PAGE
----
Review: Yakuza 6: The Song of Life


The End of a Saga

It isn’t often that you see a comfortable, workmanlike series like Yakuza do a complete overhaul in game mechanics or engine. The last time a dramatic shift like this happened was after Yakuza 2 to the Japan-only Ryu Ga Gotoku: Kenzan. While that game stuck the landing and managed to improve almost everything from its PlayStation 2 roots, Yakuza 6 finds itself in an odd space.

Small quality-of-life changes give way to strange concessions in content that undermine the great work that has been done with the main story. And despite being billed as protagonist Kiryu Kazuma’s final chapter, this entry feels positively quaint compared to what the series has evolved into.

Even if the game fails to live up to expectations, Yakuza 6 is still a damn fine game.

Yakuza 6 review

Yakuza 6: The Song of Life (PS4 [Reviewed on PS4 Pro])
Developer: Sega
Publisher: Sega
Released: December 8, 2016 (JP), April 17, 2018 (US, EU)
MSRP: $59.99

The main plotline of Yakuza 6 is far more straightforward than any of the previous games. While the intro is loaded with exposition about the ending of Yakuza 5 (which this game takes place directly after), that soon gives way to a completely original plot focused on Kiryu trying to discover what happened to Haruka, his adoptive daughter, after a serious accident. Not only is she in a coma, but a child was found at the scene of the crime bearing her last name.

Turns out Haruka had been a little busy during Kiryu’s stint in jail following the events of Yakuza 5. Three years have passed and basically everything Kiryu knew about the city of Kamurocho and his friends has changed. The only clue he has to figuring out what happened to Haruka is a photo from her phone that pins her location to Hiroshima. Kiryu then sets off to find the father of Haruka’s child and the game, proper, begins.

What follows is a storyline that seems to be a retread of the first title mixed with a more serious Kiryu. This is a man on a mission to solve the mystery surrounding his daughter and he isn’t taking anyone’s garbage. This is actually beautifully represented in a lot of cutscenes where Kiryu will either walk away or tell people to hurry the hell up when they start to exposit a lot.

That isn’t to say the game isn’t loaded with dialogue, because for how simple the overall plot may be, this is probably the most verbose Yakuza ever made. There are entire cutscenes that seemingly bloat out twists and turns you may already see coming, but at least the acting from the voice cast is stellar.

The infamous Beat Takeshi has an interesting role as does Tatsuya Fujiwara (of Battle Royale fame), but even the lesser-known actors bring their A-game to their roles. This even spills over into the substories, which are all fully voiced this time around. It brings a level of consistency to the presentation that could sometimes be at odds with the seemingly endless text boxes mixed with recorded dialogue from previous entries.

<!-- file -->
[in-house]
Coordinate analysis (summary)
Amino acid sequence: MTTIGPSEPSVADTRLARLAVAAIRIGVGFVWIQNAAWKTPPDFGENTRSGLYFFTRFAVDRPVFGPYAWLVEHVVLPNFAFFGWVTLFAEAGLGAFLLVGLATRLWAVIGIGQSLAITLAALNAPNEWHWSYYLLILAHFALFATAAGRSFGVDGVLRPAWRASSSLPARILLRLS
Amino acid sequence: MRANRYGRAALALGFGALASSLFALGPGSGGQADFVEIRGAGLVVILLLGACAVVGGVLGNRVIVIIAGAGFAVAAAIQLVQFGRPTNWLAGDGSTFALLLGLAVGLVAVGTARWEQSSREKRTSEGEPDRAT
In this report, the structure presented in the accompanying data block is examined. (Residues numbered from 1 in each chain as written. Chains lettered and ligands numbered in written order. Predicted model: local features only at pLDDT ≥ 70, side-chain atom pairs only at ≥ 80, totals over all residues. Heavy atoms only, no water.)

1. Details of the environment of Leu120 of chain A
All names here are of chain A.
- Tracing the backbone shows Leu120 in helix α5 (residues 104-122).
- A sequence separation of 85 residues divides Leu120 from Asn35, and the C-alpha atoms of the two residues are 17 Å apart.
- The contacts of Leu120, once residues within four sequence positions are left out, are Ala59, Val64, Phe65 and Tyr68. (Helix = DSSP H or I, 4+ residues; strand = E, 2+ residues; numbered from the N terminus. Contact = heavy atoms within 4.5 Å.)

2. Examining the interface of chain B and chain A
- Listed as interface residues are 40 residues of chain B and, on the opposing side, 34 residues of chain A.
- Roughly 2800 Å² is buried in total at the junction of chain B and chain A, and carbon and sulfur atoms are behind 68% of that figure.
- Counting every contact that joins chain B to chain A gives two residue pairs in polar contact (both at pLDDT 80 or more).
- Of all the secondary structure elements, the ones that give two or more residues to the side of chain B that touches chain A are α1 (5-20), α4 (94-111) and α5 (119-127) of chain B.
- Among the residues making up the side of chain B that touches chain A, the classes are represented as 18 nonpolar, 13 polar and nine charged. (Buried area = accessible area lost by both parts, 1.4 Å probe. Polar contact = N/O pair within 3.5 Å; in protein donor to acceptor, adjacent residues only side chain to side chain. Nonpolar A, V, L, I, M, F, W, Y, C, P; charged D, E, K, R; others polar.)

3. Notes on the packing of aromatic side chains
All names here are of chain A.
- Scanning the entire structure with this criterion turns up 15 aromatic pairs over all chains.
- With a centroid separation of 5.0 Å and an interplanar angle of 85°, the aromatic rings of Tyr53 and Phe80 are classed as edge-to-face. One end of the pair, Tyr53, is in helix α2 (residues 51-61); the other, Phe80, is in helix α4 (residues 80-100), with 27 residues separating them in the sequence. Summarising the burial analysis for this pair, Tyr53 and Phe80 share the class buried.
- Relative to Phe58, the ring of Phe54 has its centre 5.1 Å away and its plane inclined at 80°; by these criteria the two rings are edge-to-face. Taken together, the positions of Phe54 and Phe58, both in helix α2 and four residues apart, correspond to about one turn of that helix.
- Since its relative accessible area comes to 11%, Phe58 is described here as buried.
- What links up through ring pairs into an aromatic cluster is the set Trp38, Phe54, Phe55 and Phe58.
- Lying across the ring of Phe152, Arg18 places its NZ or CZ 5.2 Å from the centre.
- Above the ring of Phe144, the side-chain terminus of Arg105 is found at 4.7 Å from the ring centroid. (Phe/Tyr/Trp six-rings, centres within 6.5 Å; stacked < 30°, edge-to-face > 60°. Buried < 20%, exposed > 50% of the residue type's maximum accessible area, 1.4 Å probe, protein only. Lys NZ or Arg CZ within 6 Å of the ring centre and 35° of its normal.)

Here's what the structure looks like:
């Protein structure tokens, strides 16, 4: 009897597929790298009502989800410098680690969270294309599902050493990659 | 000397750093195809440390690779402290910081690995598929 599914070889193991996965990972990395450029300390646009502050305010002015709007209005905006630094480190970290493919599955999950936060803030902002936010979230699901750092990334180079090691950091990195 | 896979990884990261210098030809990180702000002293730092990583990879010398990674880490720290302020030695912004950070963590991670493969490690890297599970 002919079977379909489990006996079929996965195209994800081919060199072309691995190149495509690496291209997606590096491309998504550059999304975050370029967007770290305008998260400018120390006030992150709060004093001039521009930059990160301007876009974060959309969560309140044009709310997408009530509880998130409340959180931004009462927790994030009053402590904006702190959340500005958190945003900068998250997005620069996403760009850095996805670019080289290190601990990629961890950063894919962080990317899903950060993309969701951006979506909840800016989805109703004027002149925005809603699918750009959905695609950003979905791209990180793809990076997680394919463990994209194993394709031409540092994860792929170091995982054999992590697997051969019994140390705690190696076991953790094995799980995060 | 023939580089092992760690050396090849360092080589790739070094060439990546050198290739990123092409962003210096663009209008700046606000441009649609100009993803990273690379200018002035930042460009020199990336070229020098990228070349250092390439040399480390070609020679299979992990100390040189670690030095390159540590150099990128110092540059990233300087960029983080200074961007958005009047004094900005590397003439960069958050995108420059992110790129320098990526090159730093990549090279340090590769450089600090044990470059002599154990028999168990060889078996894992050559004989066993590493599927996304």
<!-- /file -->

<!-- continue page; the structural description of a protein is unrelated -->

The game is also completely rendered with a brand new graphical engine. No longer will you see low-polygon character models or loading screens in between stores and battles; everything in Yakuza 6 has a seamless flow thanks to the Dragon Engine. While the upside is a game with fewer interruptions, the downside is that the general gameplay feels far less refined than Yakuza 3 (a title that is nearing 10 years old).

Yakuza 6 review

Not many people are probably aware, but the Yakuza series has practically been a yearly installment over in Japan. Apart from the transition from PS2 to PS3, a new title has released every year and has pushed Ryu Ga Gotoku Studio to refine its design process to churn out a new entry on time. Even with a slight delay in Japan, Yakuza 6 feels like the most rushed entry to date.

The biggest drawback is that combat is rather basic. I’m talking Yakuza 1 levels of basic, as Kiryu only has one style and barely any of the series’ signature “heat moves” at his disposal. While it is understandable from a programming perspective, it doesn’t excuse how decidedly last-generation this game feels. With how much polish Yakuza 0 had, to seemingly throw that all away is just bizarre.

The upgrade system is also rather simplistic, giving you the ability to unlock literally whatever you want in almost any order. I suppose it makes more sense for Kiryu as he isn’t training or coming of age, but there isn’t a real sense of progression to how you earn your moves. This is then compounded by the physics-based brawling, which can see Kiryu ragdoll from simple hits and makes throwing far more deadly thanks to enemies stumbling over each other.

Yakuza 6 review